And – Get a load of the forensics experiment he did with the help of a computer security professional. It’s not easy getting them out of the vehicle’s hardware, for starters!
The manufacturers and sales outlets usually make it difficult for the end-user to pull detailed diagnostic data directly from the vehicle’s systems, so this is a continuation of that.
Car “ownership” under late-stage capitalism is a two-way street, as it were. It’s not limited to cars. One-sided EULAs, mandatory surveillance, SaaS and DRMed media that can be revoked at the whim of the provider, no right to repair: the goal is that the American consumer will no longer be able to truly own anything he buys.
Probably, claiming that not being able to connect will indicate tampering, which in turn will imply the car was stolen. All for your security, good consumer/human resource.
Probably language in the EULA that stipulates that the buyer of the used car must also agree to it (and its no doubt ever-changing terms as dictated by the manufacturer) by some transitive property. Otherwise, it’s an illegal transaction, so brick city until the new buyer agrees.
The next logical step is to simply mandate that we all get an implanted chip at birth which will transmit all data to a central clearinghouse. Then our personal information can be constantly checked and updated by any and all corporate clients, and the government of course.
Think how much simpler it will be when we can just think about what we want to buy, and Amazon will process the order without all that time consuming clicking and searching?
Insurance companies will already have access to your daily average alcohol consumption, how many times you have crossed the center line accidentally, and will anticipate your chances of crashing and adjust your premiums accordingly. Remote disabling of your car (for your own safety) seems within reach as well.
As William Gibson said, “the future is already here – it’s just not evenly distributed”. In these cases, the less money and power you have, the more likely it is that you’re buying something you’ll never really own, and the more likely it is that you’ll be subject to mandatory surveillance. It’s Cory’s Terrible Technology Adoption Curve.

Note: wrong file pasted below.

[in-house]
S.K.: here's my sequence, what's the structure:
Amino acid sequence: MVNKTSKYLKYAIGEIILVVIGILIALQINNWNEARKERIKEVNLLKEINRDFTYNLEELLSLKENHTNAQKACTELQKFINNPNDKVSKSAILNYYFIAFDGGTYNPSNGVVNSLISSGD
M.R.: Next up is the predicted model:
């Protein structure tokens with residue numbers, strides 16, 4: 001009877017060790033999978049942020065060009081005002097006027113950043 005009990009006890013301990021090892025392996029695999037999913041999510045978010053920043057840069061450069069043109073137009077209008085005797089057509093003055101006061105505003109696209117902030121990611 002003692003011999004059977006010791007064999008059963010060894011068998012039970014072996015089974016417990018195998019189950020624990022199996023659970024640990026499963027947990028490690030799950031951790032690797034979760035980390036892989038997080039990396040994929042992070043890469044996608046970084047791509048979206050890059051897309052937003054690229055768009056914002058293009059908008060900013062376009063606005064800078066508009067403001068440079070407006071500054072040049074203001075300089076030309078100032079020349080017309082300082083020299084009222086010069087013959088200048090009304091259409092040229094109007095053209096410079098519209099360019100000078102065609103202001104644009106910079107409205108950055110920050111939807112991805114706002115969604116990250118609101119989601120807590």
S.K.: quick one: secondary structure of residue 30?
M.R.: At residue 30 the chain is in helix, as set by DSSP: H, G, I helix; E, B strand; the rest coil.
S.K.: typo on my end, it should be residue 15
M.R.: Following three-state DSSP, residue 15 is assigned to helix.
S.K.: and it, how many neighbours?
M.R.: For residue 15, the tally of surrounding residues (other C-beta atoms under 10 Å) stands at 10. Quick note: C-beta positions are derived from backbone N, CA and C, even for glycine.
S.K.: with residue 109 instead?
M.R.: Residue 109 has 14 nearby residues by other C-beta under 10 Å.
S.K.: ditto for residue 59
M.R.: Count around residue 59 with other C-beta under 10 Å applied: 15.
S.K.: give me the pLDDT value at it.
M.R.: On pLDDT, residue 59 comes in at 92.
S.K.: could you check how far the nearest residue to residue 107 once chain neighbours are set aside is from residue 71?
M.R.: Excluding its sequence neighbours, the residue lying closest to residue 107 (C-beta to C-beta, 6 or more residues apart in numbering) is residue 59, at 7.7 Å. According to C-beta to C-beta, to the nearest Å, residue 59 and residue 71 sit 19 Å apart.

I think that they would have to coopt the state DMVs into this. But with the temptation of getting all that location data on their citizens that probably won’t be that difficult. After all, there hasn’t been much resistance from states to the idea that DMVs should be reviewing* the citizenship (as opposed to just the residency) of drivers.
edited to add Really, that should say that they are adjudicating the citizenship of drivers, since they are reviewing original documents and making a decision as to the citizenship of drivers.
A good bit of that data was provided by the phone connected to the infotainment system. My phone knows that much and a whole lot more about me. I let Google Maps track me, I can see where I’ve been for years…
If you want to go down the unilateral non-ownership issue, see Tesla.
There SHOULD be some kind of effective consumer protection laws that regulate this technology, like at the very least forcing automakers to implement privacy control settings–but of course that will never happen as long as corporate lobbyists own the lawmakers.
Yeah, we’re all driving with our phones on anyways, so it’s just one more company that has all that data. But the part about not being able to turn it off is disturbing. I’m glad my sweetie just bought a 2014 model with very low mileage. My cars all predate computers.
I’m thinking there’ll be some sort of “freshness seal” around the steering wheel (so long as those remain a thing). As soon as you turn the wheel, the seal is broken, which constitutes your “agreement” to the terms and conditions. As for the terms and conditions themselves? What do they actually say? Never you mind, little consumer. Never you mind.
Mine is so old, there’s no support for USB. Articles like this make me glad I dodged all those dealer incentives to trade it in for a newer model. Now the pressure is also coming from auto insurance companies, who must love getting all of this information on policyholder driving habits.
This is why I refused to buy a Sonata cause it came with some Apple nonsense which sure it would be nice for my phone but I just didn’t want a car that was all jacked up with nonsense components that don’t aide in driving.
When are we going to get a law that says this stuff is illegal? We need a second bill of rights- for digital ones.
I am still pissed off that somehow Google has the location of my house saying “you parked here” on Google Maps even though there is no way to delete it or remove it- and before ever using Google Maps I intentionally went through every Rabbit Hole of every setting I could find to disable any location history ever being saved and yet this is still the case.
Oh my god, free uplink! I just have to hash my encoded data off the driving of the chase scene opening Underground 6 (Netflix.) Gosh I wonder if it’s polite, uplinking 6 ‘cameras’ of data and dragging Chevy or whatever rank as I (bike and pretend to) drive.